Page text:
Three months before you turn 65 you should receive a packet of information that tells you exactly what you need to do during Medicare open enrollment to insure coverage. Open enrollment only lasts for three months before the month you are set to turn 65 and for three months after. If you choose to enroll in Medicare outside this period, you will be subject to a late enrollment penalty.
Late Enrollment Penalty
There are four different parts of Medicare which each have their own penalty for late enrollment. These four parts are: Medicare Part A, Medicare Part B, Medicare Advantage, and Medicare Plan D. There are penalties for each separate part of Medicare if you choose to enroll late.
Medicare Part A
Most likely you will automatically qualify for Medicare Part A when you turn 65. If you do automatically qualify, often there is not premium. Automatic coverage occurs for recipients who have, or who have a spouse who has, worked at least forty quarters in the United States. This equates to ten years of employment in the U.S.
If you have not met this qualification, then when eligible you will be required to pay for premium for Medicare Part A. If you choose not to at the time, waiting until a later date, your premium will increase monthly by 10%. The increased premium will need to be paid for double the number of years you could have had Medicare Part A but did not choose to sign up.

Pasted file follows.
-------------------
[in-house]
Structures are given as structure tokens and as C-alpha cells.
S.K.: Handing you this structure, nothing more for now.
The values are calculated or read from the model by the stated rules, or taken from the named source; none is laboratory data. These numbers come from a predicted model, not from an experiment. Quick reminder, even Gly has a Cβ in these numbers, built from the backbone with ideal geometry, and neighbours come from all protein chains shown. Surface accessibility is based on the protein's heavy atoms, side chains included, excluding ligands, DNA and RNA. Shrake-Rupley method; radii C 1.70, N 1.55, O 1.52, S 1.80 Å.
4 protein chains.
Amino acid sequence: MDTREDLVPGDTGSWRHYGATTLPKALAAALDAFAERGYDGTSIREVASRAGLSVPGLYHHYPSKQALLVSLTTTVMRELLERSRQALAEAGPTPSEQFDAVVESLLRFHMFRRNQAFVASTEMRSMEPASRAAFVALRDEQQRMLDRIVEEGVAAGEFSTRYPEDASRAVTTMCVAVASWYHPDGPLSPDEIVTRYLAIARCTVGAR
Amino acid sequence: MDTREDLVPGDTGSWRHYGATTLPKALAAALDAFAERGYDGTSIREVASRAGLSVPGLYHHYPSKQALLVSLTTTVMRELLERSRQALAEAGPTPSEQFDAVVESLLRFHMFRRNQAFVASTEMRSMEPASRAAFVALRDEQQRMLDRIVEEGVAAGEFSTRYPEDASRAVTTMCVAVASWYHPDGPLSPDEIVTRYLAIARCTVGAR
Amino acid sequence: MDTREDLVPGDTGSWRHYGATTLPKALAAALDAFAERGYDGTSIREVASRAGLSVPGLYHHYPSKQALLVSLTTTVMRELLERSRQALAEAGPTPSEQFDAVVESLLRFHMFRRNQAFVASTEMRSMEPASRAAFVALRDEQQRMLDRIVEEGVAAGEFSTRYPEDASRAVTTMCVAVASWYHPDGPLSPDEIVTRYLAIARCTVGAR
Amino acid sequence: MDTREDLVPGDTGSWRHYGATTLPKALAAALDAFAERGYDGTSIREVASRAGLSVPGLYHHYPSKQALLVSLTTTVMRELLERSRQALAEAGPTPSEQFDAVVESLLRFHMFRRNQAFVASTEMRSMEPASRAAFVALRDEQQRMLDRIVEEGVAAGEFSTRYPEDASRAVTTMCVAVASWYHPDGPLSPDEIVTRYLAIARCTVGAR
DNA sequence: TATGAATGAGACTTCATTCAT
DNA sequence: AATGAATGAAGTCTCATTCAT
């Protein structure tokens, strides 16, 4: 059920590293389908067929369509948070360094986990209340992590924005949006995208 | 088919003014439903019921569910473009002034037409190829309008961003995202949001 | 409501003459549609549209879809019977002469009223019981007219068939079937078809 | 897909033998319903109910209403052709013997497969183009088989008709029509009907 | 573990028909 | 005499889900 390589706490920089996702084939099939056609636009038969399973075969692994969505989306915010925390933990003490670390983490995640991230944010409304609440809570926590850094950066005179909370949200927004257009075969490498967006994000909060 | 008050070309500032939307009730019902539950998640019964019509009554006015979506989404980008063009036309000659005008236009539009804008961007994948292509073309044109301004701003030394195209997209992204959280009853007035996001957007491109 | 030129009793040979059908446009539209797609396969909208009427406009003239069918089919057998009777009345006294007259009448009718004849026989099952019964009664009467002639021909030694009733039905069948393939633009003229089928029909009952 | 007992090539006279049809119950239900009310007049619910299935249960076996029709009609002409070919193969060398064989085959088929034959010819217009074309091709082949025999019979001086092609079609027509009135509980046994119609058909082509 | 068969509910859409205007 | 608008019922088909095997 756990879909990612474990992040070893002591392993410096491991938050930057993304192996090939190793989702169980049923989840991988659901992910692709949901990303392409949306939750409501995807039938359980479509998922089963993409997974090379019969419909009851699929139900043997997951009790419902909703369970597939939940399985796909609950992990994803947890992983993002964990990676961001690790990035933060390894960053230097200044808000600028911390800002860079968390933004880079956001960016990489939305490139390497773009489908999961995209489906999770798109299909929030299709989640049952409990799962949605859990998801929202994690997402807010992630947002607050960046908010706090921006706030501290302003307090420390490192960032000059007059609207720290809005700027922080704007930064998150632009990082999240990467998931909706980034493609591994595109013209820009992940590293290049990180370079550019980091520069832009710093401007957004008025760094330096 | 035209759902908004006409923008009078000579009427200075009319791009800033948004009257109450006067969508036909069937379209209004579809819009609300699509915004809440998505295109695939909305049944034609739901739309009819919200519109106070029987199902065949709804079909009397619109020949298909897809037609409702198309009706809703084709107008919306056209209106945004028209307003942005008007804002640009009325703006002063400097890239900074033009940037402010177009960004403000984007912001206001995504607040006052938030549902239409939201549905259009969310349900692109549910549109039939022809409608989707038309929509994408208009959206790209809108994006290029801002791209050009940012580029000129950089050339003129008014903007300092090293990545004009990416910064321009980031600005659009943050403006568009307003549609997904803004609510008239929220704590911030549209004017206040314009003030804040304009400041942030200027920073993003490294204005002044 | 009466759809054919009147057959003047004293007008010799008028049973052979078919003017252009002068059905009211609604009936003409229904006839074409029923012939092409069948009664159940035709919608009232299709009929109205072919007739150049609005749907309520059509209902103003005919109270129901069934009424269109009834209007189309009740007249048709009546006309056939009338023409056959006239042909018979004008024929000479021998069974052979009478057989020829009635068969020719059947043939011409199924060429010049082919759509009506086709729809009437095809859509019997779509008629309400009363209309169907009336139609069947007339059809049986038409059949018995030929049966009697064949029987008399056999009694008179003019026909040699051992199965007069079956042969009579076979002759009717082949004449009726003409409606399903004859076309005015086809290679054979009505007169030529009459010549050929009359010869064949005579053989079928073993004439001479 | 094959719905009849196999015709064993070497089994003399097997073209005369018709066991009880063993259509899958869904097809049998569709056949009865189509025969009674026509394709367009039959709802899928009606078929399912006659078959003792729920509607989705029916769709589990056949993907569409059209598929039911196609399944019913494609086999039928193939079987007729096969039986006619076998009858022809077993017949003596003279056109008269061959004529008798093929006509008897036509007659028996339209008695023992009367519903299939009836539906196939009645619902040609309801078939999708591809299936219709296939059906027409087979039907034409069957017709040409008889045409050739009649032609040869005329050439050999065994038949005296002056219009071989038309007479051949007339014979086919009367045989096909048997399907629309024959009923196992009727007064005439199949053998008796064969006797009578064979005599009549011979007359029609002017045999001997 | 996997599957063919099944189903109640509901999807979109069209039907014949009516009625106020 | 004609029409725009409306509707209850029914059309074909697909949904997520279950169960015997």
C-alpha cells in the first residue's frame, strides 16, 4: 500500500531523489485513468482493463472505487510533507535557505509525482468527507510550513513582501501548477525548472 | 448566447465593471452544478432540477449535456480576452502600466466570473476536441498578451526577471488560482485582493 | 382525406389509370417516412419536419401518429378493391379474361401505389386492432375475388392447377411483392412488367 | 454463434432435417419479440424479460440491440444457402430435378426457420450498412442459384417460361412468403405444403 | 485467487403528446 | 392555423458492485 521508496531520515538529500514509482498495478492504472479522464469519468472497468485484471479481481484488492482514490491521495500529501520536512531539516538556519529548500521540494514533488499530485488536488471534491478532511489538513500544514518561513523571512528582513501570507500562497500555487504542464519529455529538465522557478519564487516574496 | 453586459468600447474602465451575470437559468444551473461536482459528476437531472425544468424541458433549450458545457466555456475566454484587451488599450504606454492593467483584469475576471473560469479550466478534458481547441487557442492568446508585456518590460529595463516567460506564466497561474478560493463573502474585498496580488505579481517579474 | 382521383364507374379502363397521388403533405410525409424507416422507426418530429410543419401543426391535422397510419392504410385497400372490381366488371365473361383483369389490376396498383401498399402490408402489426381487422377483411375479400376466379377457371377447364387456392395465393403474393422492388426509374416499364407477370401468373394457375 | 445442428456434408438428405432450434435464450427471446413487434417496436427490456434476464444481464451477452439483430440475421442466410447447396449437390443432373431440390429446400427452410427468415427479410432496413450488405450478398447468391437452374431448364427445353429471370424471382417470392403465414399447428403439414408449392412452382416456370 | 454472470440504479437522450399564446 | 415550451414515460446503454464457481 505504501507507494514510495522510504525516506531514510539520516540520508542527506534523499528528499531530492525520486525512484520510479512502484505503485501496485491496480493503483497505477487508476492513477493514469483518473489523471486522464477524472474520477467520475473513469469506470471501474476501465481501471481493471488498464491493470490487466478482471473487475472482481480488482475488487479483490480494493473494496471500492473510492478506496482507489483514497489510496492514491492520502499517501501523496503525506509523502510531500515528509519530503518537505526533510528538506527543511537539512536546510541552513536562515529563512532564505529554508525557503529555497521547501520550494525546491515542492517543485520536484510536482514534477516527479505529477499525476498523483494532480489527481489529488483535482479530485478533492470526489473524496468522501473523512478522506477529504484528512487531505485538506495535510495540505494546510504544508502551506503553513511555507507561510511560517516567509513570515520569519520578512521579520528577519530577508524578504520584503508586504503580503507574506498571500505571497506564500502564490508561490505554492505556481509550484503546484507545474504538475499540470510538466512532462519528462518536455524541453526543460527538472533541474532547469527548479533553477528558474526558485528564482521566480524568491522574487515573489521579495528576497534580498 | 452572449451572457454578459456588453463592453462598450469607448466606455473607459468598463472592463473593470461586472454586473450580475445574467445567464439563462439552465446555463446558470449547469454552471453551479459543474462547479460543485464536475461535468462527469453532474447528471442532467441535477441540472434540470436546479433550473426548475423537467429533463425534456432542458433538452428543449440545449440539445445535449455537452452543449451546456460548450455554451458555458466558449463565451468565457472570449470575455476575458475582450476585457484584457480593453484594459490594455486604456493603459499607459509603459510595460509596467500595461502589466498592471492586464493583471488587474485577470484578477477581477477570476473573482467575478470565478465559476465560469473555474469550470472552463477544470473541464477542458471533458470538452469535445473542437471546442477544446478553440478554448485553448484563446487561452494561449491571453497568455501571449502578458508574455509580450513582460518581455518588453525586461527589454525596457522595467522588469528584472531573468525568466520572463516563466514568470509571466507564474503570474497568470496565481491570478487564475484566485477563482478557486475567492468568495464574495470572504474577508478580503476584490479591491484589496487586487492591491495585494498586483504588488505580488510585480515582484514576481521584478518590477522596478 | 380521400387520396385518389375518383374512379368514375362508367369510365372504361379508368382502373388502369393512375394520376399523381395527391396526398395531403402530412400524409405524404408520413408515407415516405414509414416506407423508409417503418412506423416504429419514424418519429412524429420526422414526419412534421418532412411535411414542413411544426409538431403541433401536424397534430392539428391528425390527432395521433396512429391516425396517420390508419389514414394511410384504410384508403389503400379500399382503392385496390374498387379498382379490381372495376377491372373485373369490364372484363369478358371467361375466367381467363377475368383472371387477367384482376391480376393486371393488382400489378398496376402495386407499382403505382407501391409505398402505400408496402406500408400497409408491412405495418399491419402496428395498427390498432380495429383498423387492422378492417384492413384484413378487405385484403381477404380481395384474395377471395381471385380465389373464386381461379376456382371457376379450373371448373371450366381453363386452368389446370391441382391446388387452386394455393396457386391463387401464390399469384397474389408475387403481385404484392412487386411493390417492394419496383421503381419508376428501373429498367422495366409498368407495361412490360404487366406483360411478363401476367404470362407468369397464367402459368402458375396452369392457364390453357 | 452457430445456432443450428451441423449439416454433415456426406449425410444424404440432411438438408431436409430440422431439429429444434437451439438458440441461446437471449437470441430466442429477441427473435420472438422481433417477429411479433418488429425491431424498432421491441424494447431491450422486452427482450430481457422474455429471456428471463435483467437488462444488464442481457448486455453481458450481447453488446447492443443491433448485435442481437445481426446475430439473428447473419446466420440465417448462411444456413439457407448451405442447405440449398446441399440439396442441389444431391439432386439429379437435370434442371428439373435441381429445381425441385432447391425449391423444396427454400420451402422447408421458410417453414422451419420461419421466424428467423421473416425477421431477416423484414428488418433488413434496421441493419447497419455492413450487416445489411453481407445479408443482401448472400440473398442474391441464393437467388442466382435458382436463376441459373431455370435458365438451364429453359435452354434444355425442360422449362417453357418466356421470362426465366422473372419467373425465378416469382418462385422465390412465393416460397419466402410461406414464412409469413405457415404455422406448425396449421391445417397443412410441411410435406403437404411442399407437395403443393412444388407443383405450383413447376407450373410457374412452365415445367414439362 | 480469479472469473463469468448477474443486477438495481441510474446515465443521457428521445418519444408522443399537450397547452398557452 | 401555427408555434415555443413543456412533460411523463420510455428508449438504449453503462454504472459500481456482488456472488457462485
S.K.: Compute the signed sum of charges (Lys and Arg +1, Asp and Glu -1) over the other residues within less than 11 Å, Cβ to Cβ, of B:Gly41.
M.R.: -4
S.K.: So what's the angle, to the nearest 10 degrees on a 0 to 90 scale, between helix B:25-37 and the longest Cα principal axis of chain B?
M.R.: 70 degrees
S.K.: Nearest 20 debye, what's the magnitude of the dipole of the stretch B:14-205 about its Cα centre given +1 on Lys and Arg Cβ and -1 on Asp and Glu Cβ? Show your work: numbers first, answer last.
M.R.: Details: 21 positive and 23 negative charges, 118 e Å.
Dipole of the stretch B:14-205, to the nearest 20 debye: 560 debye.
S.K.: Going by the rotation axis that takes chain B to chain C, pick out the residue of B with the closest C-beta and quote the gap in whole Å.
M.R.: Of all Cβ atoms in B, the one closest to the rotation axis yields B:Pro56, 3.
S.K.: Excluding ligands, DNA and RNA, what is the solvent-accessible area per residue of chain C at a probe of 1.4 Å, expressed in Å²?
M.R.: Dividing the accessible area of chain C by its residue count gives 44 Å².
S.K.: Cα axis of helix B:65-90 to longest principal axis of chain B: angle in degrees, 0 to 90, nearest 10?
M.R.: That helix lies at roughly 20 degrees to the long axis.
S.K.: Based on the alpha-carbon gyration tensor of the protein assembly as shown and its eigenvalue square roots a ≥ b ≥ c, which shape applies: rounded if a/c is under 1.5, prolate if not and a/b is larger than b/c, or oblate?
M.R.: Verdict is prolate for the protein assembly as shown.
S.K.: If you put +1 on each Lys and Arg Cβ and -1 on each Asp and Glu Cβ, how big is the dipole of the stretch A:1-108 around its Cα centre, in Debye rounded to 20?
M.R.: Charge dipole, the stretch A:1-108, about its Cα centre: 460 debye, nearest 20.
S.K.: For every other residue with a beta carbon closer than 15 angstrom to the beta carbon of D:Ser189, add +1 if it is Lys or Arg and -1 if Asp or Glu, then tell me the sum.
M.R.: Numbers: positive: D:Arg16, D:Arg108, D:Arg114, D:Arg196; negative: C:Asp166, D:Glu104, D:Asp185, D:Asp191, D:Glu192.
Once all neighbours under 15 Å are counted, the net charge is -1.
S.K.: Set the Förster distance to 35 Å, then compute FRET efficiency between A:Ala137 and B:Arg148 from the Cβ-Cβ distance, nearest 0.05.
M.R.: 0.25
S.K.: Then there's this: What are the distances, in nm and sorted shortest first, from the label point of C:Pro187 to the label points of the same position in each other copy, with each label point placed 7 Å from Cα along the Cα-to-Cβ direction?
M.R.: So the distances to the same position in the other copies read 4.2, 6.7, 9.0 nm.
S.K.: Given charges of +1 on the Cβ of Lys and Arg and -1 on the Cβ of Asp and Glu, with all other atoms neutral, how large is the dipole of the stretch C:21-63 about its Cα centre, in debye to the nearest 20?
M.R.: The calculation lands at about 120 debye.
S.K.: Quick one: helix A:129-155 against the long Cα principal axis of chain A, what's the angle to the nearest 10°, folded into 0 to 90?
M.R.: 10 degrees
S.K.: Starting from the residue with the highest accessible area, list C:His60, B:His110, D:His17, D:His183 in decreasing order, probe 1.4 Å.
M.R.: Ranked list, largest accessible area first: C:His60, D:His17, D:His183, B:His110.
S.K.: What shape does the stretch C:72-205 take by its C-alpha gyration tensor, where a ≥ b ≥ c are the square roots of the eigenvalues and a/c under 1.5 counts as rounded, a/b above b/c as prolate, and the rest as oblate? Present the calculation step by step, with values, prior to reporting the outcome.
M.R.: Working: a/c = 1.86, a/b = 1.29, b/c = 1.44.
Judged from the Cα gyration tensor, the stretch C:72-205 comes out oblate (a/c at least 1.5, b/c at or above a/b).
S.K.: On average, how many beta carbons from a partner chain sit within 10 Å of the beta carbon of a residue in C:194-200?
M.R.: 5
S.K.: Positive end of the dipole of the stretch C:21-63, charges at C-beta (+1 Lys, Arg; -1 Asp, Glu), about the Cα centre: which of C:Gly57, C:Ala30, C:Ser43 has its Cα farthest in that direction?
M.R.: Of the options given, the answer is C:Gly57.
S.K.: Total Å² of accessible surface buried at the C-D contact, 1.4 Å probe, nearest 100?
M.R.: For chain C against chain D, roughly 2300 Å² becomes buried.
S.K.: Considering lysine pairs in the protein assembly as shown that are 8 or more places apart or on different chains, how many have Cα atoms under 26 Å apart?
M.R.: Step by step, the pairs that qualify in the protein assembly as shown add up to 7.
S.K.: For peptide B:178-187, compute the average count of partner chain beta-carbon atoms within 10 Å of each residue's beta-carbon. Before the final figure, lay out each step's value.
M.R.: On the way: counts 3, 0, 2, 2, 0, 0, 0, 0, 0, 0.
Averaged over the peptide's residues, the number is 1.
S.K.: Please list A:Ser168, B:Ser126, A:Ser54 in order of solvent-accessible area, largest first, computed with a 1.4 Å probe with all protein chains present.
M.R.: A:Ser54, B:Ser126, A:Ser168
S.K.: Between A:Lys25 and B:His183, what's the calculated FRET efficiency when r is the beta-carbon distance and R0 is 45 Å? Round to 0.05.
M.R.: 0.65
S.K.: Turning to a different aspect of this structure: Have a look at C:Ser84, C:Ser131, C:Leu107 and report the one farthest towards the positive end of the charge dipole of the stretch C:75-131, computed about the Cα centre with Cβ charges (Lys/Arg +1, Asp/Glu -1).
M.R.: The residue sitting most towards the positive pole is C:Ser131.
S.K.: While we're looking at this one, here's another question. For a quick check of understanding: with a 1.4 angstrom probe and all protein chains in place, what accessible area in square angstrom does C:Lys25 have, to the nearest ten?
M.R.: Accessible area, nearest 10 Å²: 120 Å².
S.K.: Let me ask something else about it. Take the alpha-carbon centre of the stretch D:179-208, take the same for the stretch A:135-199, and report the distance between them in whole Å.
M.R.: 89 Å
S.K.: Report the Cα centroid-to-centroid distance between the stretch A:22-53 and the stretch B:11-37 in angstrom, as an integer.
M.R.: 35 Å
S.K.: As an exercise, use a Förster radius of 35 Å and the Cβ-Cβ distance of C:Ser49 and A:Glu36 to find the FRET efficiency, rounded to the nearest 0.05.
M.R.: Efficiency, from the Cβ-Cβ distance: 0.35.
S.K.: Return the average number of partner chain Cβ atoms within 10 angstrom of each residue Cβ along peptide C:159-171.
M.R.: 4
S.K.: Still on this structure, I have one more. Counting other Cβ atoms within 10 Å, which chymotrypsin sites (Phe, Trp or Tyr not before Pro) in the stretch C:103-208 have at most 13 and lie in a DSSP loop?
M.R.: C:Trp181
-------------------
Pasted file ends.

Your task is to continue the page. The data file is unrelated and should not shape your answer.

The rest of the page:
Medicare Part B
Medicare Part B is like Medicare Part A in that your enrollment in benefits are automatic. Like Medicare Part A, if you are not enrolled automatically you will need to enroll in Medicare Part B when you become eligible. If you choose not to enroll in Part B when you are first eligible you will be charged a late enrollment penalty for the entirety of your coverage. The penalty has the potential to increase by 10% for every year you did not sign up but were eligible to do so.
Medicare Plan D
Medicare Plan D, also known as prescription drug coverage, is one plan that you will not automatically be enrolled in. It is encouraged that you enroll in prescription drug coverage with in the enrollment period. If you do not and you are not enrolled in any other prescription coverage the penalty you pay multiplies 1% of the “national base beneficiary premium” times the number of months that you have not had prescription drug coverage. The premium is rounded to the nearest ten cents.
If you qualify for a Special Enrollment Period, you may avoid the late penalty for Medicare Part A and B. This special enrollment period occurs when seniors are still working at 65 and delay enrolling in coverage. The same is true as well if you are covered under your spouse’s medical insurance.
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